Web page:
The Georgia Court of Appeals heard lively arguments Tuesday over whether a grocery store should be liable for the police’s wrongful arrest of a customer mistakenly accused of paying with a counterfeit $100 bill.
One of the three judges hearing the case said the customer’s predicament made her fear she could be falsely accused, too.
"A lot of citizens—myself included—like to work with big bills," Judge M. Yvette Miller told a lawyer for Kroger Co. "Are you saying we should put that customer at the whim of being arrested?"
Later Miller mused, "I’m going to start getting my change in $20s," adding, "Maybe Publix will take my $100 bill."
Kroger’s lawyer, Matthew Moffett of Gray, Rust, St. Amand, Moffett & Brieske, argued that the police were to blame, not the grocery store, when Najah Briggs was arrested and falsely charged with counterfeiting and forgery. Moffett asked the court to reverse a $500,000 verdict against Kroger.
Briggs’ lawyer, Michael Mills of Dixon Mills, asked the court to affirm the verdict delivered last year before Clayton County State Court Judge Morris Braswell after a three-day trial.
The case started in August 2009 at a Tara Boulevard Kroger, when Briggs tried to pay with a $100 bill. According to defense pleadings, a customer service clerk marked the bill with a counterfeit detection pen, "which caused a dark mark to appear, raising the possibility that it might be counterfeit."
Briggs’ complaint said he was told to wait while the store manager called the police. Two Clayton police officers arrived and decided to arrest Briggs.
He was held for 31 hours in jail and then fired from his security guard job. The U.S. Secret Service determined two months later that the $100 bill—which was issued in 1950 and looked different from newer bills—was real, and Briggs’ charges were dropped.
On Tuesday, Moffett told the judges that the store manager who suspected the bill was counterfeit and called 911 should have been able to trust law enforcement.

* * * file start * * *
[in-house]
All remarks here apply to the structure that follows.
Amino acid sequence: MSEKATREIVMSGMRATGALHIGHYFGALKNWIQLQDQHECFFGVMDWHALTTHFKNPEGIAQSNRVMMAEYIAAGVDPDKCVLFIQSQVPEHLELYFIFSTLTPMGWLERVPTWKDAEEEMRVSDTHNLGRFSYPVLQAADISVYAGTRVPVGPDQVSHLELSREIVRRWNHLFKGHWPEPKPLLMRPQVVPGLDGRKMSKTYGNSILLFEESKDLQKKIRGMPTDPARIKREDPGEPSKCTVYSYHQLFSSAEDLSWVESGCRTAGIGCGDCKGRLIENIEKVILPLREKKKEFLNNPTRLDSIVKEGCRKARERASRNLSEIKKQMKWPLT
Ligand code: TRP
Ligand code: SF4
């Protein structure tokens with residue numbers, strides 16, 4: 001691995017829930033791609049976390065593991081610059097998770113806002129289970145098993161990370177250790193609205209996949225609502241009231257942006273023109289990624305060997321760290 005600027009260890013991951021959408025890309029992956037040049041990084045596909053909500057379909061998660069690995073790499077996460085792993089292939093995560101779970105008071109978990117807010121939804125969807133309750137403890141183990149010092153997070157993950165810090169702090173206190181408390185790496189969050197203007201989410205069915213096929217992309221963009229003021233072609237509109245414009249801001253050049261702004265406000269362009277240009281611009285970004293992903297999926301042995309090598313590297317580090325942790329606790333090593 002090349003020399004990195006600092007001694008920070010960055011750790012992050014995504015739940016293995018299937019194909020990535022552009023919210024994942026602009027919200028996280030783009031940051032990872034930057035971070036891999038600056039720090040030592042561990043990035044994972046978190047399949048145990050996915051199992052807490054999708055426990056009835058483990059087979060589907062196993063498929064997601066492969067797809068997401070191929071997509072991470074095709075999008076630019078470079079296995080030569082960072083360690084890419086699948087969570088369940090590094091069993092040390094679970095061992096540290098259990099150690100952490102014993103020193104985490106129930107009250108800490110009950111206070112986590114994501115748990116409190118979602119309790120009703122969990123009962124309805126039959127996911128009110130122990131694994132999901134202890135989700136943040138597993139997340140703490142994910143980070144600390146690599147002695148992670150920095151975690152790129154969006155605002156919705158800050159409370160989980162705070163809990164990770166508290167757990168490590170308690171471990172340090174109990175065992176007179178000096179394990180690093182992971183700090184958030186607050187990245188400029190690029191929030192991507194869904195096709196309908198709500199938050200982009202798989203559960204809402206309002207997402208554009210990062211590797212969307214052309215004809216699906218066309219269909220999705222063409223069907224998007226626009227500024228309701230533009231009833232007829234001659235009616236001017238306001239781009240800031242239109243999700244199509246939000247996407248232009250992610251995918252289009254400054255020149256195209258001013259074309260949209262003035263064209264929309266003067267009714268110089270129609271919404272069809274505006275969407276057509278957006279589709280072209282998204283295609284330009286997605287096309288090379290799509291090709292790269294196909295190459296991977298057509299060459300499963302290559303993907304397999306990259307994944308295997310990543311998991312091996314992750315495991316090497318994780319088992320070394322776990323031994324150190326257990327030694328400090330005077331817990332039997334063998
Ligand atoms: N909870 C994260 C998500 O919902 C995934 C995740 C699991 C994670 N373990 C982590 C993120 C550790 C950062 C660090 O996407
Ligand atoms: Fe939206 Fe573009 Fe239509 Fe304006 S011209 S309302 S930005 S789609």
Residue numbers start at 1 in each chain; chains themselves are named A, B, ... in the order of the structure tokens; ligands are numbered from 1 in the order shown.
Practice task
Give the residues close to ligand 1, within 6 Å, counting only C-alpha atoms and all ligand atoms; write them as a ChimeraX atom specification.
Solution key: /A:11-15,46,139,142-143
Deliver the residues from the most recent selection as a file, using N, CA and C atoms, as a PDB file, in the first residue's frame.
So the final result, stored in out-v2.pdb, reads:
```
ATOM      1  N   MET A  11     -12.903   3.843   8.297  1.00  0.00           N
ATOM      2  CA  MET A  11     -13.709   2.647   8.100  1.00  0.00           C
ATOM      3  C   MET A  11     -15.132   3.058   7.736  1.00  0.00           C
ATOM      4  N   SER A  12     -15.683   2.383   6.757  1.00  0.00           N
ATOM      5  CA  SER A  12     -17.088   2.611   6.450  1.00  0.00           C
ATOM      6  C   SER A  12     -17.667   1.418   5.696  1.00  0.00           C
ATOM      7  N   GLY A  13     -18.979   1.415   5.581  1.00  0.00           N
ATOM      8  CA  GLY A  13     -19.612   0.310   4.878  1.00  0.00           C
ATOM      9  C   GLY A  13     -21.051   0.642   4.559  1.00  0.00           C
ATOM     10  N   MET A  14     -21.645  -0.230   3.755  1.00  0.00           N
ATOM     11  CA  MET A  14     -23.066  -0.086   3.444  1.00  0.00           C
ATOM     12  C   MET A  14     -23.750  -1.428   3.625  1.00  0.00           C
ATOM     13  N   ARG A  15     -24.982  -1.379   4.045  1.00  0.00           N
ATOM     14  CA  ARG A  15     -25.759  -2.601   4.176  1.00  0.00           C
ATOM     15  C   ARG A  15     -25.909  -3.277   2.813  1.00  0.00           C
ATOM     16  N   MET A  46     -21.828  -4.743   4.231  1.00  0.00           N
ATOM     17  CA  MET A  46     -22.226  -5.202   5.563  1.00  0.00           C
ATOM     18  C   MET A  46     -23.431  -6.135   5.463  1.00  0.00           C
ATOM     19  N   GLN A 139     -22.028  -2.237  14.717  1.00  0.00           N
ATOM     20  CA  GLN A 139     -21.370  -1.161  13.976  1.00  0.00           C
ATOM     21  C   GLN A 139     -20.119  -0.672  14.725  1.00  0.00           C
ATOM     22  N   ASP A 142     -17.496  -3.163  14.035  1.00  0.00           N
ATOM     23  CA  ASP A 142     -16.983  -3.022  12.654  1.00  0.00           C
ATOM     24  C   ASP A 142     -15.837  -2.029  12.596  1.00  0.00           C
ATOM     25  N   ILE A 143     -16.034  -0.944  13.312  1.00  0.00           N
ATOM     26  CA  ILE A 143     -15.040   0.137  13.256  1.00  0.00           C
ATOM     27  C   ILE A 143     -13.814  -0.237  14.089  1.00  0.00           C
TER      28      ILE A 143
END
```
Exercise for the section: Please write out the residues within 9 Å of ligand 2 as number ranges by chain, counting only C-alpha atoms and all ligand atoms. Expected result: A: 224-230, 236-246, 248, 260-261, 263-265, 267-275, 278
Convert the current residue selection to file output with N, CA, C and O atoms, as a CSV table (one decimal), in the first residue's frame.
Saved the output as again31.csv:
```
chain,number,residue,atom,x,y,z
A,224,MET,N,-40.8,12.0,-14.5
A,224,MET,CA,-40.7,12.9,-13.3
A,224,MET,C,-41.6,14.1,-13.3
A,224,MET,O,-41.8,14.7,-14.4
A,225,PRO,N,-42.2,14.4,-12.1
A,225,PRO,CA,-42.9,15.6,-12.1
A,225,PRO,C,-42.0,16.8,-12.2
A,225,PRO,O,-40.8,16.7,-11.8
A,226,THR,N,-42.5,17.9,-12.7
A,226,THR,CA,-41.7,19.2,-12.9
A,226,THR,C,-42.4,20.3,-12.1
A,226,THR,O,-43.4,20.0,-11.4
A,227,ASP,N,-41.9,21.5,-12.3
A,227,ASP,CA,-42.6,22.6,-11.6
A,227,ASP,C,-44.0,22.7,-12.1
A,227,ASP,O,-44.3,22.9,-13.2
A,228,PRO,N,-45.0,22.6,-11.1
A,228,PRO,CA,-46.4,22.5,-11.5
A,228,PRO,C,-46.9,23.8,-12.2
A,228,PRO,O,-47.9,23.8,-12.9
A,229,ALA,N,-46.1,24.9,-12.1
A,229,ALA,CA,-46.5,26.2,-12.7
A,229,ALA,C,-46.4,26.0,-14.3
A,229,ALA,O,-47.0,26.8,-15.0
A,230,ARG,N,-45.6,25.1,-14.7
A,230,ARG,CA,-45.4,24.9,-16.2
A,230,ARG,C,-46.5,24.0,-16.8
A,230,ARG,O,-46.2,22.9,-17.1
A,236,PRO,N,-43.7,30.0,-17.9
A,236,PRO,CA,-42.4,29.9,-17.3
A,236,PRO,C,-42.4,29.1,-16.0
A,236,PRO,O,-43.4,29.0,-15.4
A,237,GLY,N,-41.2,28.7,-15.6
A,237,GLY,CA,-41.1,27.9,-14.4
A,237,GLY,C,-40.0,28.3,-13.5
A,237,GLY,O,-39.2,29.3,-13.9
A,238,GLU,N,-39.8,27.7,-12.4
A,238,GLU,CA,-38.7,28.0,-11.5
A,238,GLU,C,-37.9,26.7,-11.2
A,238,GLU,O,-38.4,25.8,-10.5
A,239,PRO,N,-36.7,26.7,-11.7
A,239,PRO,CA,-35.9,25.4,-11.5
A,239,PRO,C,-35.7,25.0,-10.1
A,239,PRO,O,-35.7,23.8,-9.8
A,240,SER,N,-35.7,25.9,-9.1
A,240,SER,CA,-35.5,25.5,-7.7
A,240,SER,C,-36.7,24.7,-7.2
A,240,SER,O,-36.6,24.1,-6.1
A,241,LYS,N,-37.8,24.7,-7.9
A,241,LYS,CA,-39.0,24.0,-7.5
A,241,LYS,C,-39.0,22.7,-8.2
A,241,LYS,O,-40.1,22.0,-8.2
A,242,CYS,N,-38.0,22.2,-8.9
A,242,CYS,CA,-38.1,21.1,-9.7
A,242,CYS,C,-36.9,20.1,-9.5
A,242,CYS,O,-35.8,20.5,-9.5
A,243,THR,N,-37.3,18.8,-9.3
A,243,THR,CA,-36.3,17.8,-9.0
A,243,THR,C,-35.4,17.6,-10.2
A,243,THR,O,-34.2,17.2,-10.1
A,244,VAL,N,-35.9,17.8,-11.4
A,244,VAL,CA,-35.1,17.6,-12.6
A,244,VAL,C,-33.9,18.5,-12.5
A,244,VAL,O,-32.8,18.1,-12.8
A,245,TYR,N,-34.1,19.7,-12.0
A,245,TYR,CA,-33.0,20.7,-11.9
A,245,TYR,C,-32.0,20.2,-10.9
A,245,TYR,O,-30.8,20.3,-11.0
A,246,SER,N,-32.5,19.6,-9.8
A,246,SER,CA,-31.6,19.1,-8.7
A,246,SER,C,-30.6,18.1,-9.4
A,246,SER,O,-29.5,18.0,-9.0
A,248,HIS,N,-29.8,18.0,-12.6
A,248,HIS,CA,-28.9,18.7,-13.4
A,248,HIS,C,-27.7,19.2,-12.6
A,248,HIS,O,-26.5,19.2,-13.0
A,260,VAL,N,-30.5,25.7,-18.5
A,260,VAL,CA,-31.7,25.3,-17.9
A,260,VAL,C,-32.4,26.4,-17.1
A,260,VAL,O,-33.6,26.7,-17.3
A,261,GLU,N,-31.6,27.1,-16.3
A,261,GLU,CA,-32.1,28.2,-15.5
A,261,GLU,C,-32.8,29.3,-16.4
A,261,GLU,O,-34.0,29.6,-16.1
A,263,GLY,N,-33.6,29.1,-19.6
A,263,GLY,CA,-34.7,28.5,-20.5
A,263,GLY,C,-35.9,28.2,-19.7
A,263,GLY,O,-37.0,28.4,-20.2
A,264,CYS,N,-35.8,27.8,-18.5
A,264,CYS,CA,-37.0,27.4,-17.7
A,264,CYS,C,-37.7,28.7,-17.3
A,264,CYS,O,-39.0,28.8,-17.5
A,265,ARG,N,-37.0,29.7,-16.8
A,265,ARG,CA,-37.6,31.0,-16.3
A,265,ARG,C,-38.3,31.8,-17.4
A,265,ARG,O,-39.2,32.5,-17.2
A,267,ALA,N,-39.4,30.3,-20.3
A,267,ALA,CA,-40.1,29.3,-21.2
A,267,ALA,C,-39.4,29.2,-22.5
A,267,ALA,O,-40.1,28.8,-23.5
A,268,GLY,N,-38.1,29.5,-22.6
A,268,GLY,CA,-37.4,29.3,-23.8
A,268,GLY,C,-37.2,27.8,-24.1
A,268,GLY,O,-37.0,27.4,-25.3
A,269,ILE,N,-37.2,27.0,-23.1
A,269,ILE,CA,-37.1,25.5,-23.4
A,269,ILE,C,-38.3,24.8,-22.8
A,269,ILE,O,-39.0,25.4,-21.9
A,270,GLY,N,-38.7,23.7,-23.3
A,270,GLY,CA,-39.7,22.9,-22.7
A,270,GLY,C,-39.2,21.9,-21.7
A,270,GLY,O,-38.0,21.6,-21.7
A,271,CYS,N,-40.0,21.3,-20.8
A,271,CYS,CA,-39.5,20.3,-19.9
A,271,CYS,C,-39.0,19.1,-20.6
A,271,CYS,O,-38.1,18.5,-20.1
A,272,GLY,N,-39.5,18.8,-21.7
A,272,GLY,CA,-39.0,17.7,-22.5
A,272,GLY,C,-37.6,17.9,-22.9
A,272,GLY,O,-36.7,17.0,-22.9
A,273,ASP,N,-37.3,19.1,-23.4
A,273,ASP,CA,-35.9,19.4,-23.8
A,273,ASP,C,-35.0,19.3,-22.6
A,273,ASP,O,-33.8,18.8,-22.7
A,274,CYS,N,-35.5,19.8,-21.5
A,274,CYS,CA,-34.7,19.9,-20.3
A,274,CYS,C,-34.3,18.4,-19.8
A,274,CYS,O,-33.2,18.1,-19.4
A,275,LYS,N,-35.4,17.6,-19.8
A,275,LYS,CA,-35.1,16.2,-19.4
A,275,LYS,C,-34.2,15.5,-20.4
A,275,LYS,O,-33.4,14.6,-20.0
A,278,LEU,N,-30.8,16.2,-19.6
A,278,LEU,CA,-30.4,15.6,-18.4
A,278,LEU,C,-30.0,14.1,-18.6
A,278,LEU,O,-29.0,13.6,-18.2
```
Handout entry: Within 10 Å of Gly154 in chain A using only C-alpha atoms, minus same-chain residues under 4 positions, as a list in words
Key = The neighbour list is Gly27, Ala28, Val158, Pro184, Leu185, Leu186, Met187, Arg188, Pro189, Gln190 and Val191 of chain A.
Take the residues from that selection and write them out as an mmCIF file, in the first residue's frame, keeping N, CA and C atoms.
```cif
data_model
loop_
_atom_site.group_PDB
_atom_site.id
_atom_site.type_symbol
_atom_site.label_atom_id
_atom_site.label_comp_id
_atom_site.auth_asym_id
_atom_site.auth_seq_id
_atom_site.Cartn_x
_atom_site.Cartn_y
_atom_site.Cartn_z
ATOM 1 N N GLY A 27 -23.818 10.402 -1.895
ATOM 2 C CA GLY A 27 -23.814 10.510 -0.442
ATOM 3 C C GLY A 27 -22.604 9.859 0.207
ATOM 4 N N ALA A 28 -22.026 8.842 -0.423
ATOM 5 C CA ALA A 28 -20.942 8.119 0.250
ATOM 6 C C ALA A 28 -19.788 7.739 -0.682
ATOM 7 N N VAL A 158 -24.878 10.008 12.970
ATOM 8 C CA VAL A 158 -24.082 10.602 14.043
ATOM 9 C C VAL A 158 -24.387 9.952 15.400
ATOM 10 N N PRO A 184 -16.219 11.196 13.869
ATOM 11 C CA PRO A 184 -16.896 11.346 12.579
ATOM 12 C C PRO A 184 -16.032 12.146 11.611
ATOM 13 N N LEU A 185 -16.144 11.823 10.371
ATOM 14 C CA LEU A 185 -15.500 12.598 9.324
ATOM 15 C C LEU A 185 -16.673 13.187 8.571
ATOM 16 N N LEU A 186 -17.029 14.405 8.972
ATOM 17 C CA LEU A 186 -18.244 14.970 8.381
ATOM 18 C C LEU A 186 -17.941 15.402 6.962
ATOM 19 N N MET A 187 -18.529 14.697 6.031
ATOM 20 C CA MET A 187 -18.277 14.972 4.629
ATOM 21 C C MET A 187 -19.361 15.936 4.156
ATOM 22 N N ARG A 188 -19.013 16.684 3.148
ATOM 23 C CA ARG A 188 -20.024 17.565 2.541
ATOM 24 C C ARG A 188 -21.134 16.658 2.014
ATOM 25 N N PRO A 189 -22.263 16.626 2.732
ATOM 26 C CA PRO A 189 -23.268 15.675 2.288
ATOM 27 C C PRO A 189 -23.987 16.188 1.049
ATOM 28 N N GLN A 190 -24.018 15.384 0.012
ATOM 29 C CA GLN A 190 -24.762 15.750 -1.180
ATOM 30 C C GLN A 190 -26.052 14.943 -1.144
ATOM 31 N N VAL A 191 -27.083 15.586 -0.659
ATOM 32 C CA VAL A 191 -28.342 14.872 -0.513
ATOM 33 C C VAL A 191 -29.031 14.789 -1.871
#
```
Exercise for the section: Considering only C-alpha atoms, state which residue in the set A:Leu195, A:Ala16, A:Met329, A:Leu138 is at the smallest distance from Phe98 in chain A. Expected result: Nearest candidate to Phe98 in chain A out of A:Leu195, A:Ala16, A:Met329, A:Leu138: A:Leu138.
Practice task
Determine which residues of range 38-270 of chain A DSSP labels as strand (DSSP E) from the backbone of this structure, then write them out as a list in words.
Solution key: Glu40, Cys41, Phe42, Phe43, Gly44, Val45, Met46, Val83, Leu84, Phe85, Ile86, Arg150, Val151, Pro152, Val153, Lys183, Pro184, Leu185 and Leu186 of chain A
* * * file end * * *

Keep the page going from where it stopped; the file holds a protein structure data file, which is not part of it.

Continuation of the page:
"What happened here is the police officer made the wrong call," said Moffett.
"Doesn’t Kroger have some responsibility?" asked Miller, who was on the panel with Judges Sara Doyle and Michael Boggs.
Miller added that the briefs show the Kroger manager’s call to police—saying "I have a guy trying to pass a counterfeit bill"—violated store policy and training to avoid accusations and offer the customer a chance to pay by other means if a bill seems suspicious.
"I don’t know that every merchant has a policy, but the public policy is to call the police if you suspect a crime," Moffett answered. "There is no evidence of bad faith in this case."
"But the jury found otherwise," Miller interjected.
"The jury should have never had this case," said Moffett.
"I don’t fault the jury," he added, arguing that the judge should have granted Kroger a directed verdict or a judgment not withstanding verdict. Moffett said Briggs should have sued the police instead of Kroger.
When it was the appellee’s turn to argue, Mills opened with his answer to Miller’s question. "Kroger has a responsibility to act non-negligently. They have a responsibility to follow their own guidelines."
Mills, who tried the case with law partner S.K. "Rod" Dixon, told the court that Kroger’s manager could have reasonably expected that a 911 call reporting a counterfeit bill could have led to the arrest of the customer waiting for his change.
The judge responded that "anyone could be in the shoes of this gentleman."
"Since I’ve been working on this case, I’ve been nervous about using $100 bills," Mills answered.
Mills continued his argument with Kroger’s assertion that the police determination of probable cause for arrest "shields them from liability."
"So I assume you take issue" with the Kroger argument that the police are to blame, not the store, Miller asked.
"Absolutely," Mills answered.
The judge went on with a question about how the actions of the store clerk and manager in wrongly suspecting the bill set in motion the events that led to the false arrest. "So really we have a complete unbroken chain of negligence?"
"Yes. I agree with that," Mills answered. "Forseeability is the key."
One case Moffett cited on Kroger’s behalf was Baggett v. National Bank & Trust Co., 174 Ga. App. at 348. In that case, a man was wrongfully arrested after he used a deposit slip picked up off a table in the lobby, not knowing that a note had been scribbled on the back: "This is a stek [sic] up." The teller alerted her boss, who summoned the police by silent alarm.
Kroger’s brief quoted the decision in that case: "To allow an action in negligence to lie against a citizen if he makes an honest mistake in reporting to the police would have a chilling effect on an important source of information about crime. Citizen cooperation is essential to efficient police operation and should not be stifled."
Mills argued that the Baggett case does not apply to the Kroger case because in Baggett, the defendant bank made a great effort to correct its mistake.
"Here, Kroger was mute after the police arrived," Mills said. "The manager did nothing."
Mills argued that Kroger had policies in place that would have prevented the wrongful arrest in the Briggs case and the Baggett case, but Kroger employees failed to follow policy. The appellee brief said: "Kroger should never have called the police at all."
The case is Kroger v. Briggs, No. A13A0671.
Katheryn Hayes Tucker is a reporter for the Daily Report, a Legal affiliate based in Atlanta.